Essays

From the pedantic fine points of language to a Buenos Aires genius ex-husband.


American Chordata

Disappearing

Buenos Aires, 1992: it’s a sultry February here below the Equator, where Nazis are harbored, where machismo reigns. Where Argentina’s middleweight boxing champion, Carlos Monzón, flung his wife out the window to her death. “My dinner was late for the second night in a row,” Monzón explained. READ MORE


Huffington Post

My Morning With Nixon

I was a hippie in San Francisco when the only U.S. president to resign waved goodbye, flashing a fake grin. We watched the televised Nixon stride toward the helicopter that lifted him and his wife Pat off the White House lawn. READ MORE


 New York Times Magazine

On Language: Fancifying

'The Americans,'' Walt Whitman predicted, will be ''the most fluent and melodious-voiced people in the world — and the most perfect users of words.'' While wincing as Tony Soprano wields a single Chaucerian vulgarity as noun, verb, adjective and adverb, it is easy to wonder over the poet's wisdom. READ MORE


New Yorker

Many Muses

The Parisian artist Roland Topor, who died on April 16th, at the age of 59, applied his demonic wit to just about every visual and literary form: he painted, drew (the dozen or so goddesses here were done for the magic-lantern sequence in Fellini's 'Casanova'), wrote, designed, acted, and directed READ MORE


New York Times Magazine

Endpaper: Roland Topor; A Graphic Wit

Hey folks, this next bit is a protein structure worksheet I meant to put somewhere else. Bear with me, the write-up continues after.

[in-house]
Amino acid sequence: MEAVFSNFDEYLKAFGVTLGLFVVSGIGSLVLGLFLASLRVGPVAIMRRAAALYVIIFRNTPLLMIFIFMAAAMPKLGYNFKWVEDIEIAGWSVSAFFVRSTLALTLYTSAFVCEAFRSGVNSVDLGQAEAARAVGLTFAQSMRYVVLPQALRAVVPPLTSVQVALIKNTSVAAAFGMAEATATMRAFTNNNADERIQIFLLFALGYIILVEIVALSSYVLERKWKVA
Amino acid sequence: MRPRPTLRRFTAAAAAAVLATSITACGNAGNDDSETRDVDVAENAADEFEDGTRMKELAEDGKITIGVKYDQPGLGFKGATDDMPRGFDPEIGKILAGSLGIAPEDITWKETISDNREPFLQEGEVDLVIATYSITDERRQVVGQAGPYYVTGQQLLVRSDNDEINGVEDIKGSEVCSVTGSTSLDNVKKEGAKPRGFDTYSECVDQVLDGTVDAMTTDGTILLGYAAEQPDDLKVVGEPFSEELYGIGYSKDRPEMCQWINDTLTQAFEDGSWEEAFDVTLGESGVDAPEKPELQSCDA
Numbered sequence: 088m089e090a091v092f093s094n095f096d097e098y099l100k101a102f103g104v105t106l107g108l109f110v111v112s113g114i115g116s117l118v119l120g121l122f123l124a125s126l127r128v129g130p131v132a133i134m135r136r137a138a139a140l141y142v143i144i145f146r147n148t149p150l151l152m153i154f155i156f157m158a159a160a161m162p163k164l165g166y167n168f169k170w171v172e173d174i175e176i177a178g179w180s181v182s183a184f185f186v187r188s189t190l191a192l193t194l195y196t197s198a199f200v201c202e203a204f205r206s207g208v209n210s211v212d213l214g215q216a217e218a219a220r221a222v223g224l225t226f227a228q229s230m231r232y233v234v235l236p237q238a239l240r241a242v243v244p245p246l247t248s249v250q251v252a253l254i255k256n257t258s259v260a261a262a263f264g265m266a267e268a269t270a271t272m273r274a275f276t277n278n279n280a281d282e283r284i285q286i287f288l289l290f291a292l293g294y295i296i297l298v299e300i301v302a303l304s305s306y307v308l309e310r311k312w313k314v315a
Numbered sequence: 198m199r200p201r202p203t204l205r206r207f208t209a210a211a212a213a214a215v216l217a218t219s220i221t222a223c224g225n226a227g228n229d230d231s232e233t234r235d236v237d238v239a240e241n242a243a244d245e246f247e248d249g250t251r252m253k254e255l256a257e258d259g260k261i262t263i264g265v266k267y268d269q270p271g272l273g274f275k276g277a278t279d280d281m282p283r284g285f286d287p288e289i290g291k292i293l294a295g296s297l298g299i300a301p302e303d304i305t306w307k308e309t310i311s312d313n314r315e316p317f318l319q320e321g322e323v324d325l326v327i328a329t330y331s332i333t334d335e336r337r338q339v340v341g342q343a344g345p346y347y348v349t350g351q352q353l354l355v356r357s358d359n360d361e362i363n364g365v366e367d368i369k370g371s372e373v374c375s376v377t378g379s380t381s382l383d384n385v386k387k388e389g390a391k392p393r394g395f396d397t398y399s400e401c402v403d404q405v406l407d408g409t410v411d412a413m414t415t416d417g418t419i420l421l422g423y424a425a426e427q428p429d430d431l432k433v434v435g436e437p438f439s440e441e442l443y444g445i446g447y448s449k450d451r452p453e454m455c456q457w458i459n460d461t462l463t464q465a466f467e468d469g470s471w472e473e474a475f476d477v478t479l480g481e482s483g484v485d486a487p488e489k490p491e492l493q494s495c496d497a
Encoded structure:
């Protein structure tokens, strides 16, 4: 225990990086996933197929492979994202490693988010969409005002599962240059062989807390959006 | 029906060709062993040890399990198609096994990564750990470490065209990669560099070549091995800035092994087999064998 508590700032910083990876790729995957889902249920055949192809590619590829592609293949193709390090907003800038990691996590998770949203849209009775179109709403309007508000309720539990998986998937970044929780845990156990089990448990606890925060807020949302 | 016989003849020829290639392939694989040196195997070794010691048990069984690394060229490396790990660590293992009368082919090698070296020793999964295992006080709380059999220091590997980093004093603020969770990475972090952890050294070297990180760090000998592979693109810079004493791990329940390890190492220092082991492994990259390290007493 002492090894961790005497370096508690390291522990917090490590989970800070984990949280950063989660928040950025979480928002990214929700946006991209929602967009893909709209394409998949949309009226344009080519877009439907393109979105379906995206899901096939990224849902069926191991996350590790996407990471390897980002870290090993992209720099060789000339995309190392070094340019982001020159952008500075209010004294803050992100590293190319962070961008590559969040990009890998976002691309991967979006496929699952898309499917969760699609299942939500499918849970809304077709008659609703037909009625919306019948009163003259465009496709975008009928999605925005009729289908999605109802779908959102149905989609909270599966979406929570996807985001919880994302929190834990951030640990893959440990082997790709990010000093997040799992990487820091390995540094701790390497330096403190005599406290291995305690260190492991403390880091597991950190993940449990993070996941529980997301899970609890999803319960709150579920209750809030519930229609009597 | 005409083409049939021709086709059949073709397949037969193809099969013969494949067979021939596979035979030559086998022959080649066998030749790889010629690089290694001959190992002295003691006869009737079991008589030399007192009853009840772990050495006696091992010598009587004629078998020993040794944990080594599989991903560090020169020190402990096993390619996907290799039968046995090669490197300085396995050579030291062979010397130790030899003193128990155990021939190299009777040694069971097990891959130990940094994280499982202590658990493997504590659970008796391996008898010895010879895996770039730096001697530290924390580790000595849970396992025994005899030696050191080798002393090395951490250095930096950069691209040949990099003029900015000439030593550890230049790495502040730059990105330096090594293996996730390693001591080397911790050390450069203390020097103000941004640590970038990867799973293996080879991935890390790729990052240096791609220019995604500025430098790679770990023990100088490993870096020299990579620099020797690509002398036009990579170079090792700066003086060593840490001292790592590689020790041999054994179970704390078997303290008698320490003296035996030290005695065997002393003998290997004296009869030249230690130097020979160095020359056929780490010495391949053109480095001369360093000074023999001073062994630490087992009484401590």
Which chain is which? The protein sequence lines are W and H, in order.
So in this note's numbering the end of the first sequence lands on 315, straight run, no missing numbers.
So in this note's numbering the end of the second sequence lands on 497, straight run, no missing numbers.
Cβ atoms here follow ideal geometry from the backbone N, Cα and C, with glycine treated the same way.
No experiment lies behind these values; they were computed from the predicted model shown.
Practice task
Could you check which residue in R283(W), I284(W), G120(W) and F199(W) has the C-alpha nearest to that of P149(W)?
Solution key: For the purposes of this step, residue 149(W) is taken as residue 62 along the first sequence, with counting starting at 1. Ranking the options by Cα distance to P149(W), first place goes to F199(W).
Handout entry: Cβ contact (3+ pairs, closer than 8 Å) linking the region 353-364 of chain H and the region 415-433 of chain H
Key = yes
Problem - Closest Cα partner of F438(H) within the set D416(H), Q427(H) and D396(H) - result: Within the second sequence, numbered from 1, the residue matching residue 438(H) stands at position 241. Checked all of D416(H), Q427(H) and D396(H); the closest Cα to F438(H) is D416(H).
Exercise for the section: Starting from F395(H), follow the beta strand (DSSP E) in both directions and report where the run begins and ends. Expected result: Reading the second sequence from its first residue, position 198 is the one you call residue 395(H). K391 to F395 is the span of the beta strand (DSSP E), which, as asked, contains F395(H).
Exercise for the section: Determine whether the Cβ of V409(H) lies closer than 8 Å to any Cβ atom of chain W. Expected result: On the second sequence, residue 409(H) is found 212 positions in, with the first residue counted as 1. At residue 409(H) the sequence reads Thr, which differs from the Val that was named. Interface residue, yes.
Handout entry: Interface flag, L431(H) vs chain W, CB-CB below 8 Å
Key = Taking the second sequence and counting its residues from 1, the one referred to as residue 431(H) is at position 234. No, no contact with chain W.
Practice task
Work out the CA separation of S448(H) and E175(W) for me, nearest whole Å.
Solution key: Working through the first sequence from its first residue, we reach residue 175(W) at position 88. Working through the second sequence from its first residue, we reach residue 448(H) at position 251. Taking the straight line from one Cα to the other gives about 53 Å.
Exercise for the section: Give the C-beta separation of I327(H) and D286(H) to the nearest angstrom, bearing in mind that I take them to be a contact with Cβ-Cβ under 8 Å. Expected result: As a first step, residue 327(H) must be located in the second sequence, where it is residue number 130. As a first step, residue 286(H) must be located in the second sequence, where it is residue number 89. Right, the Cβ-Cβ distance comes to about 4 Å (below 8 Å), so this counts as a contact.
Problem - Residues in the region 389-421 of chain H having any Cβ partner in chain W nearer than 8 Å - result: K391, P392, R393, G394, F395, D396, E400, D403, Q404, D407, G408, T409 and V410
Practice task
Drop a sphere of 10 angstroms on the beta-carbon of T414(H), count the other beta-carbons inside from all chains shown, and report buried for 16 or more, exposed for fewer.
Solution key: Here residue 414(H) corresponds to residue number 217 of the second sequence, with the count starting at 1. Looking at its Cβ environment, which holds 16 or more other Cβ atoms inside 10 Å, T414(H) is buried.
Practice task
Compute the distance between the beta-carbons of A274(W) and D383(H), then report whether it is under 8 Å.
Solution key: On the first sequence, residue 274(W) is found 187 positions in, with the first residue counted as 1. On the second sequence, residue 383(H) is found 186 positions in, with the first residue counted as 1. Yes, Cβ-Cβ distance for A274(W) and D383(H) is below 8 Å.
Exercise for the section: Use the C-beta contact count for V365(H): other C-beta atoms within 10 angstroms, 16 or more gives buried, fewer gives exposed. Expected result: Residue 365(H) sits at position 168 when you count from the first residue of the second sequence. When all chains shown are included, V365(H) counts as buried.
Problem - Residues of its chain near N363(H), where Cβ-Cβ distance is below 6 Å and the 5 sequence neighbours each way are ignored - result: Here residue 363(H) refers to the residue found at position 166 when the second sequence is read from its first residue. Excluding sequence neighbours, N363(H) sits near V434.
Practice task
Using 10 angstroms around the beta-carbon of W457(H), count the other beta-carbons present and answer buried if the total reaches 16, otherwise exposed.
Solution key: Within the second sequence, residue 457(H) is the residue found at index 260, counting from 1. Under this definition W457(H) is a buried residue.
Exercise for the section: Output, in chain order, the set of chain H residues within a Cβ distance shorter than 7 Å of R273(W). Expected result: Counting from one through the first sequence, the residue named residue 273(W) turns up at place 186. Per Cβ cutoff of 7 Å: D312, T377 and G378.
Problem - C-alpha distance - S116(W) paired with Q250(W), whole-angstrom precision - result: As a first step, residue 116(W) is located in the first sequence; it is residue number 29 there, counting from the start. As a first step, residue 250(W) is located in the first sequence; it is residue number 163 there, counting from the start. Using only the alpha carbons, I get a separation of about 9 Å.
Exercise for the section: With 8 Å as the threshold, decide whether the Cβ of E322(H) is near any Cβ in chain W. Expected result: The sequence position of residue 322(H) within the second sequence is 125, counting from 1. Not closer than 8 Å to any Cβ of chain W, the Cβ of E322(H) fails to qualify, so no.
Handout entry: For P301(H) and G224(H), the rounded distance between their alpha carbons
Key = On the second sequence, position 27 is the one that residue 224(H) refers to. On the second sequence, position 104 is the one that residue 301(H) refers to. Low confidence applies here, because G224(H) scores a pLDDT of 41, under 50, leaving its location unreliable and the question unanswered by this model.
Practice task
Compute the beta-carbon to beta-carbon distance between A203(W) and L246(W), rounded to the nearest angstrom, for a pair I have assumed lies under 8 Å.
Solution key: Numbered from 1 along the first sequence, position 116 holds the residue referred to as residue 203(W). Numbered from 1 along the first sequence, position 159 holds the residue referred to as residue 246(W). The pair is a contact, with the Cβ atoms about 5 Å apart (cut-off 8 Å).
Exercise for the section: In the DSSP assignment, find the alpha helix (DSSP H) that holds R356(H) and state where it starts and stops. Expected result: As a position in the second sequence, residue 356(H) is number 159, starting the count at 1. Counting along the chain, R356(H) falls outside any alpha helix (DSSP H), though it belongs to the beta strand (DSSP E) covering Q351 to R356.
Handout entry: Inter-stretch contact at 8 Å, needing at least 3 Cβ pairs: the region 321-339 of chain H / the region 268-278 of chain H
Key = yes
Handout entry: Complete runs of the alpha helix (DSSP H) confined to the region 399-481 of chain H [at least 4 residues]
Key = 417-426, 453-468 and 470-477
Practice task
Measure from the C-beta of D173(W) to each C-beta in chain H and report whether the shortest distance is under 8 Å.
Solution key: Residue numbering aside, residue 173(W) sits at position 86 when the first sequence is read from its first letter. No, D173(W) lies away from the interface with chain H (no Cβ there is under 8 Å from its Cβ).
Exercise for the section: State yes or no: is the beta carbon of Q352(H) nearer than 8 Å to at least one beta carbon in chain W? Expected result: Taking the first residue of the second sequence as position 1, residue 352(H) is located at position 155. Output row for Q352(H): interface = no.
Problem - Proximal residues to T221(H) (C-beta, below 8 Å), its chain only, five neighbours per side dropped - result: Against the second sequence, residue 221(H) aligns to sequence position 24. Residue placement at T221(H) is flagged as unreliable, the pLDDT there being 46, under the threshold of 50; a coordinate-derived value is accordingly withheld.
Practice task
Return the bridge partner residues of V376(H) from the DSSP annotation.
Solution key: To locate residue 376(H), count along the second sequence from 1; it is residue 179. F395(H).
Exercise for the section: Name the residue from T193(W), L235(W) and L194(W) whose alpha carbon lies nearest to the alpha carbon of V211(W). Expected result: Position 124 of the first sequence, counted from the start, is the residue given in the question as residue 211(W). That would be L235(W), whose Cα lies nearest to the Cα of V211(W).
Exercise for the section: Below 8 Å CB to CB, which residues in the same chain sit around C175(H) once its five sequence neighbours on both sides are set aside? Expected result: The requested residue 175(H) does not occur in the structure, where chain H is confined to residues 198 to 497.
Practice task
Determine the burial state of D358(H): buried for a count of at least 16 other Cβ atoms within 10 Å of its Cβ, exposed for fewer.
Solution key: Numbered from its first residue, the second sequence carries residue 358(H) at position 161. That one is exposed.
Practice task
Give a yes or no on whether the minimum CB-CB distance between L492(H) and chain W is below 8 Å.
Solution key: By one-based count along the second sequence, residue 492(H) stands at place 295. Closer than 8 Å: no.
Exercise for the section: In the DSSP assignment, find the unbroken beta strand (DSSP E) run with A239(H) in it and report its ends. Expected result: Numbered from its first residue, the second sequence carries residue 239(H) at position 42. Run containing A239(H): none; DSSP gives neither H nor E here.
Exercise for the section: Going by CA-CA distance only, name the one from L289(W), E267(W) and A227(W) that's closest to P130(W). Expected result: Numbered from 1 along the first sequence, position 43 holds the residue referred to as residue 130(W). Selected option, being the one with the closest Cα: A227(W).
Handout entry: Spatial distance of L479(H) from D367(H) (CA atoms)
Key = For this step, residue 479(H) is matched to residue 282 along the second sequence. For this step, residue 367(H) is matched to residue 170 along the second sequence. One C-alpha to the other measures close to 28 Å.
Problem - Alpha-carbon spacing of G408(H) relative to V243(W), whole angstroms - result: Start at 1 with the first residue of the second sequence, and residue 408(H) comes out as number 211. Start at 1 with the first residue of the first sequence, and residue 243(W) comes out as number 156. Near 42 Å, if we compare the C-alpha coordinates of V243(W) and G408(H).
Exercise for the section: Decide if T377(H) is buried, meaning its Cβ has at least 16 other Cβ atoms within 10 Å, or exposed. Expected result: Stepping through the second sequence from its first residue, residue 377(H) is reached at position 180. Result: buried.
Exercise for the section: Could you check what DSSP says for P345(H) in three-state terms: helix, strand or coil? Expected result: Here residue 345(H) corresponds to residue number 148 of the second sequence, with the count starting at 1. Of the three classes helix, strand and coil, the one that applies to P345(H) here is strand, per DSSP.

Best known for his drawings, this Parisian enfant terrible born of Jewish refugees from Warsaw applied his macabre vision with equal ease to novels, theater, opera, television and film. The night before he suffered a fatal cerebral hemorrhage, Roland Topor didn't sleep. READ MORE


New York Times

Charmed By Morocco In a Wink

Tidy Europe, 1998, had left me restless. So I fled south to Morocco, land of voluptuous anarchy. Emerging from the Agdal Hotel onto a wide Marrakesh thoroughfare, I melt into a thick throng. Mustachioed men, enigmas in their dark, hooded djellabas, wield barrows swollen with writhing turtles READ MORE


New York Times

Museum Mammoth Is a Metamorph

The most startling creature at the American Museum of Natural History has no fur, feather, hair, scales, or even bones. Nor will it be preserved for posterity. It is a lifesize replica of a Stegosaurus, an Early Cretaceous dinosaur sculptured entirely of snow. READ MORE


Print Magazine

Topor: 1938-1997

French artist Jean-Michel Folon tells a story about Roland Topor.  It begins with Topor walking down the street, carrying an empty suitcase. He stops at a house and knocks. “Who’s there?” asks a voice inside. Topor slips a card under the door that reads “Buying nightmares”, and the door is opened by a woman who says, “Nighmares? I hope you pay well.” READ MORE


USA Today

Take 'Four Voyages' to Explore Columbus as a Hero and a Man 

Something always seemed fishy about Columbus. Why would an Italian seek Spanish sponsorship? Why celebrate a man who enslaved and beheaded the people whose homelands he claimed? If Leif Erickson landed in North America 500 years earlier, why does Columbus get the credit? READ MORE


City Magazine

Clothes Make The Museum

The exhibition of African Arts at the Palace of Legion of Honor in San Francisco is a significant departure from previous African exhibits in both the works themselves and the multi-media in which they are presented. In an effort to involve more than the eye, the curators have installed the sound of drums, bold images of African life READ MORE